A guide full of tips for travelling to Australia

Making Australia your next holiday destination?

When you are travelling abroad there are often things about the country or culture that you won't realise even for places you may think you know like USA, Australia or New Zealand. This is can make things difficult for short trips but when you go long distances and are spending longer lengths of time there you can find yourself in awkward, frustrating or even dangerous situations that a little more knowledge could help prevent. This is why we at medical travel insurance have decided to write this tips and tricks guide to Australia.

Australia is a bigger continent than most people consider, with most of it being empty and only particular places, normally the coasts, being busy hubs of humanity. There is much to see and many incredible places to visit such as Sydney, the Great Barrier Reef, Frasier Island and Ayers Rock (or Uluru). It can be varied but usually entails quite a lot of travelling to see more than a bit at a time.

Map of Australia with pins for interesting locations

Tips for your trip to Australia

Given the amount to do and the fame of much of the wonderful locations available in Australia we have instead put together a few useful travel tips to help you explore this enormous country. First here are a few things that people are aware of but are worth re-iterating for first timers to australia:

  • Australia’s official language is English, though it is very multicultural, and its currency is Australian dollars (AUD). The emergency number for police, ambulance and fire brigade is 000. The legal drinking age is 18.
  • Australia has a Goods and Services Tax (GST) of 10 per cent. You may be able to claim a refund for the GST paid on goods if you have spent AUD$300 or more with a single business, no more than 60 days before departing Australia. Service charges and tipping is unusual, with tips of about 10% for some of the more upmarket restaurants being one of the rare places it is expected. Be aware that the cost of daily items can be quite expensive.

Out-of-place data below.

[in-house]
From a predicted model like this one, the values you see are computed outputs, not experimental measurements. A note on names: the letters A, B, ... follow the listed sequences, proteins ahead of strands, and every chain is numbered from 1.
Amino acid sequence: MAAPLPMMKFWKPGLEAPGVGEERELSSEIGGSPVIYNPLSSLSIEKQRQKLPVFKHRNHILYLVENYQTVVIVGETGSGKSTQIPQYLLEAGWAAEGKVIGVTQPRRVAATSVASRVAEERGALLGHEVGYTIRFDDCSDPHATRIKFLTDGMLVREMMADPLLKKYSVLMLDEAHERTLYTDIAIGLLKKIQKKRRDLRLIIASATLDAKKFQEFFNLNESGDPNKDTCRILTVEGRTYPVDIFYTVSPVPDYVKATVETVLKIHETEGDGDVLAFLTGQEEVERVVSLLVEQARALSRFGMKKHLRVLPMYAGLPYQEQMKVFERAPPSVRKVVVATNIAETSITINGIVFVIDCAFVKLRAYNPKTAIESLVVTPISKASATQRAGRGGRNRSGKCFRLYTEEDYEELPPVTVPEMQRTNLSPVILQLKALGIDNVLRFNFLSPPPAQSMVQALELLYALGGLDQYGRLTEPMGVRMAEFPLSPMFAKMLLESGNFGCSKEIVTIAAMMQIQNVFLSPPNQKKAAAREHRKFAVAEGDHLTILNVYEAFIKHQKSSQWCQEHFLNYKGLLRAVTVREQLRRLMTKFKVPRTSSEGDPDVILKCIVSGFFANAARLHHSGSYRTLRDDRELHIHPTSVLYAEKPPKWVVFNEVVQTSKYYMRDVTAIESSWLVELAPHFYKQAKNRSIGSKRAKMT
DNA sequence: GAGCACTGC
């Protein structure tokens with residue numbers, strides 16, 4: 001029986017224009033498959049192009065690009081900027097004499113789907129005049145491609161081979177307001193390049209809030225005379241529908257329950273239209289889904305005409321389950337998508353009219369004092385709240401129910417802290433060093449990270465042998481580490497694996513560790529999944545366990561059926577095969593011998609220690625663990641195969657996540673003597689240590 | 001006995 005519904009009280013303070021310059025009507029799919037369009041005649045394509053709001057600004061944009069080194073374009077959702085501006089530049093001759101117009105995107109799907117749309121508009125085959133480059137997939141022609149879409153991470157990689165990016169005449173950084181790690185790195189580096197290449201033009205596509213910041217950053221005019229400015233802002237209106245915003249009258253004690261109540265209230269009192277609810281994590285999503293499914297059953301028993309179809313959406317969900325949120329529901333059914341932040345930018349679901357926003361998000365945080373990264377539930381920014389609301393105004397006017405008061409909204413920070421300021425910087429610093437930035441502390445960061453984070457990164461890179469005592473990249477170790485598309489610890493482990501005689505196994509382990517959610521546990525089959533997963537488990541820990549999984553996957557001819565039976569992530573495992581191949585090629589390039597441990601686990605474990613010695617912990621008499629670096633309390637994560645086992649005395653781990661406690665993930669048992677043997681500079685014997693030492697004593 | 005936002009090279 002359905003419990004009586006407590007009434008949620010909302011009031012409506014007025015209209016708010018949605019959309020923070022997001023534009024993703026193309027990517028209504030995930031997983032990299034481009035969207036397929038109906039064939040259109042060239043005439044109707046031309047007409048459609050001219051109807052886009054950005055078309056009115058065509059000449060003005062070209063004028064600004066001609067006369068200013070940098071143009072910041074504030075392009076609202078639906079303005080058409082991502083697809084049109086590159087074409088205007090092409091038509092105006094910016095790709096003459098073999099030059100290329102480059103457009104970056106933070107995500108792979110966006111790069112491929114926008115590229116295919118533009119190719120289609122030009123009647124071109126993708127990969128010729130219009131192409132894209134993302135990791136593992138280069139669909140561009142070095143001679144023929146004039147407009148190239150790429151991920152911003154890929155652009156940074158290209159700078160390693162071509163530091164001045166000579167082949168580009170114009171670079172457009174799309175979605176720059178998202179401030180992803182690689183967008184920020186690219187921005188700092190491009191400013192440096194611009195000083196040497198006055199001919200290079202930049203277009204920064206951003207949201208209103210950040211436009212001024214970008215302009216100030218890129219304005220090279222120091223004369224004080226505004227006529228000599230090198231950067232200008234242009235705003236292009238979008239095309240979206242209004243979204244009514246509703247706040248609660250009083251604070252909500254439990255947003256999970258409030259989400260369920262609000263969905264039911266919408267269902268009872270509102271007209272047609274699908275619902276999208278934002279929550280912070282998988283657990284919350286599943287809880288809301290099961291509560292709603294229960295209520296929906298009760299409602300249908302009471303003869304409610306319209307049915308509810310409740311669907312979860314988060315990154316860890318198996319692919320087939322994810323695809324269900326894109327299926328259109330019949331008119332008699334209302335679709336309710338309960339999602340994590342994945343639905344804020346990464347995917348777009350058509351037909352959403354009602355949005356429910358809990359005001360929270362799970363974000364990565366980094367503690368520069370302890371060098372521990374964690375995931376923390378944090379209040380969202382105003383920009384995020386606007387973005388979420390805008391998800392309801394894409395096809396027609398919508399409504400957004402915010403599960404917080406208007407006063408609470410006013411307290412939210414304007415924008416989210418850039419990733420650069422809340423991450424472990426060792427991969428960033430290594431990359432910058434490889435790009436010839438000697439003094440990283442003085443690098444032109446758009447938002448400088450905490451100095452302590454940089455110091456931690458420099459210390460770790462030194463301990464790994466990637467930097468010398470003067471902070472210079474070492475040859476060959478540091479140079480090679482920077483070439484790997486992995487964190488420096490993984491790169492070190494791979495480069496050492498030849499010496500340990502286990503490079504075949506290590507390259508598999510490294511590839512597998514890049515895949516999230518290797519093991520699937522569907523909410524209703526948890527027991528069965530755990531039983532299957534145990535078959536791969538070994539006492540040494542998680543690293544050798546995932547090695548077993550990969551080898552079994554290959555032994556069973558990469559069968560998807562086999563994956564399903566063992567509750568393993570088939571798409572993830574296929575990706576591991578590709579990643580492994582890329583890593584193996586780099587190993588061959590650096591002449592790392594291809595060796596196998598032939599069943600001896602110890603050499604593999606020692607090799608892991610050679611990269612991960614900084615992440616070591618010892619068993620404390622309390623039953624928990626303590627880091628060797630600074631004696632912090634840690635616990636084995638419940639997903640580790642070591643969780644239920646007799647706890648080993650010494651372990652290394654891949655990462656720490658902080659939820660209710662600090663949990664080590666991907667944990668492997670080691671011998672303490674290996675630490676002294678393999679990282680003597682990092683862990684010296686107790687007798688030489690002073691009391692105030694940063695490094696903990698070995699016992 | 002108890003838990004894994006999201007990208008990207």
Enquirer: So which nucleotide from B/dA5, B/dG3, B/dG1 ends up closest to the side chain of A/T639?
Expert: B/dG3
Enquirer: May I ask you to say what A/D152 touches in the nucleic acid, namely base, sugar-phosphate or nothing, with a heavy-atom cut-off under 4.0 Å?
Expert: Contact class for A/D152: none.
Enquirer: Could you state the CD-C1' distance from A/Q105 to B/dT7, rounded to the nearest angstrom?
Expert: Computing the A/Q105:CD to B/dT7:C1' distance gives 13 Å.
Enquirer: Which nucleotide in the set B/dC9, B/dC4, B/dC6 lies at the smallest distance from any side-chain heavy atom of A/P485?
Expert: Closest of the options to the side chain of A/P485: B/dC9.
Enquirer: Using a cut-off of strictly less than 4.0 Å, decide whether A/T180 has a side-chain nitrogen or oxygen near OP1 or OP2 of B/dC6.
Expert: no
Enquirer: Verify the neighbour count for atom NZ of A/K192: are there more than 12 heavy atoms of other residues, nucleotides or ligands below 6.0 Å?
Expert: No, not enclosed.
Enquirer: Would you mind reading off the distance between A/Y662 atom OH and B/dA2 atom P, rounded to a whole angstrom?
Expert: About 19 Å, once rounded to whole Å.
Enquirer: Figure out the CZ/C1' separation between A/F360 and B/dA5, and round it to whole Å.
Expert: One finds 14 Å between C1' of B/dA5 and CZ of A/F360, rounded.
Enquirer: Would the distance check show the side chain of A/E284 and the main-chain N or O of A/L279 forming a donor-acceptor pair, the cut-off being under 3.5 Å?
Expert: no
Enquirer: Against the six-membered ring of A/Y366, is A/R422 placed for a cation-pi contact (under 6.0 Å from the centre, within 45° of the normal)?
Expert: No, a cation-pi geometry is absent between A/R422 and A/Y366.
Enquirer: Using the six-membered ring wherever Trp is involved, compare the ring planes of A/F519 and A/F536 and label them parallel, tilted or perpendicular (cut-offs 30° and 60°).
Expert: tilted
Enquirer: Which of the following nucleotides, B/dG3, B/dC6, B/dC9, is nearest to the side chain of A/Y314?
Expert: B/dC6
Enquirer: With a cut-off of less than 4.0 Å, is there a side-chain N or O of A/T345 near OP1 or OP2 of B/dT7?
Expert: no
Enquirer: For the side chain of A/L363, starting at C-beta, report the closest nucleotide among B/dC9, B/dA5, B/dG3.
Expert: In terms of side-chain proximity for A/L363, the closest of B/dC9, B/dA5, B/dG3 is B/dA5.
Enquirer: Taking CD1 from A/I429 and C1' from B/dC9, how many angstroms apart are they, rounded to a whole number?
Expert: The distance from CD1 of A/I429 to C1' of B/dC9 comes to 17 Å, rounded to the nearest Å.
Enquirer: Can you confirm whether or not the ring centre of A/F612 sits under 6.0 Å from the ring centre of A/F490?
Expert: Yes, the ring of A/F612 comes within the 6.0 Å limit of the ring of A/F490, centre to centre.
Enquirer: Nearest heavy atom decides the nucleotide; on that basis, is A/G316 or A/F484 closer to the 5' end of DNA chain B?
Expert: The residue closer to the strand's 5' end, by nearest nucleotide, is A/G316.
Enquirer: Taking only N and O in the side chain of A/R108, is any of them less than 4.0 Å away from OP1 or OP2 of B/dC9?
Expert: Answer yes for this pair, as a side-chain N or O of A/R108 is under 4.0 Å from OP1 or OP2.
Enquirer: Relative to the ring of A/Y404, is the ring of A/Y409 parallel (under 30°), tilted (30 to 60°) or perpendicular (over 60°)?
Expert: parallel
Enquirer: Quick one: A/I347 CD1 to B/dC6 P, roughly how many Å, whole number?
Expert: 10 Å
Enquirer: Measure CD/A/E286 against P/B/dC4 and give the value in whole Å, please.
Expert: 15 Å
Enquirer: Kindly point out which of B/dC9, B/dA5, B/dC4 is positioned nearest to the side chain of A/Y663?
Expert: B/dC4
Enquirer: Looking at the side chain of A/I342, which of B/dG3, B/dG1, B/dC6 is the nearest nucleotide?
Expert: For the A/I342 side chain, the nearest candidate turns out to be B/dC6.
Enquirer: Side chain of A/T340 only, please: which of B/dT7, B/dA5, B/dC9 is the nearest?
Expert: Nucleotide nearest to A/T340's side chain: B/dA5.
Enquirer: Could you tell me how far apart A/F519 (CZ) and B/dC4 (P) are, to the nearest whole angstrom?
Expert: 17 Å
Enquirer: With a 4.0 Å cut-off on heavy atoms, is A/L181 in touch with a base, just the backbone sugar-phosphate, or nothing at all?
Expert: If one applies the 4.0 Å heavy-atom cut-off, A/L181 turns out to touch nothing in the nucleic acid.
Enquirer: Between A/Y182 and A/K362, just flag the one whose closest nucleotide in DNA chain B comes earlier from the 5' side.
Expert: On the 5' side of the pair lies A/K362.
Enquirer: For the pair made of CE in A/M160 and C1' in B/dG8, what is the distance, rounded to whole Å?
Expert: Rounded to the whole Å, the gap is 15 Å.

• You will probably need an adapter for your electronic equipment. The adapter required for Australia is Type 1 Australia plug. The plugs in Australia have two flat metal pins, forming an inverted ‘V’ shape, and occasionally a third pin in the centre and with an electrical current of 220 – 240 volts, AC 50Hz. Internet is very expensive and often slow so don't be surprised if you struggle to get online, instead enjoy the break from the constantly connected world.
  • Australian weather may be a surprise, it's a large continent and in some areas the summer is very wet, with potential floods to worry about, while in other areas it may be too hot. We recommend going in October/November or April/May times as these tend to be nice and warm but not unbearable or wet depending on which areas you go to. Also remember to wear sun screen while you are over there, even on cooler cloudy days, as the environmental factors in the region mean the sun is stronger and causes more sun burn and damage there. South Eastern Queensland has the highest rate of skin cancer in the world, so cover up and use sun block!
Sydney opera house at night

There are a few things that even the more experienced travellers may not be aware of too: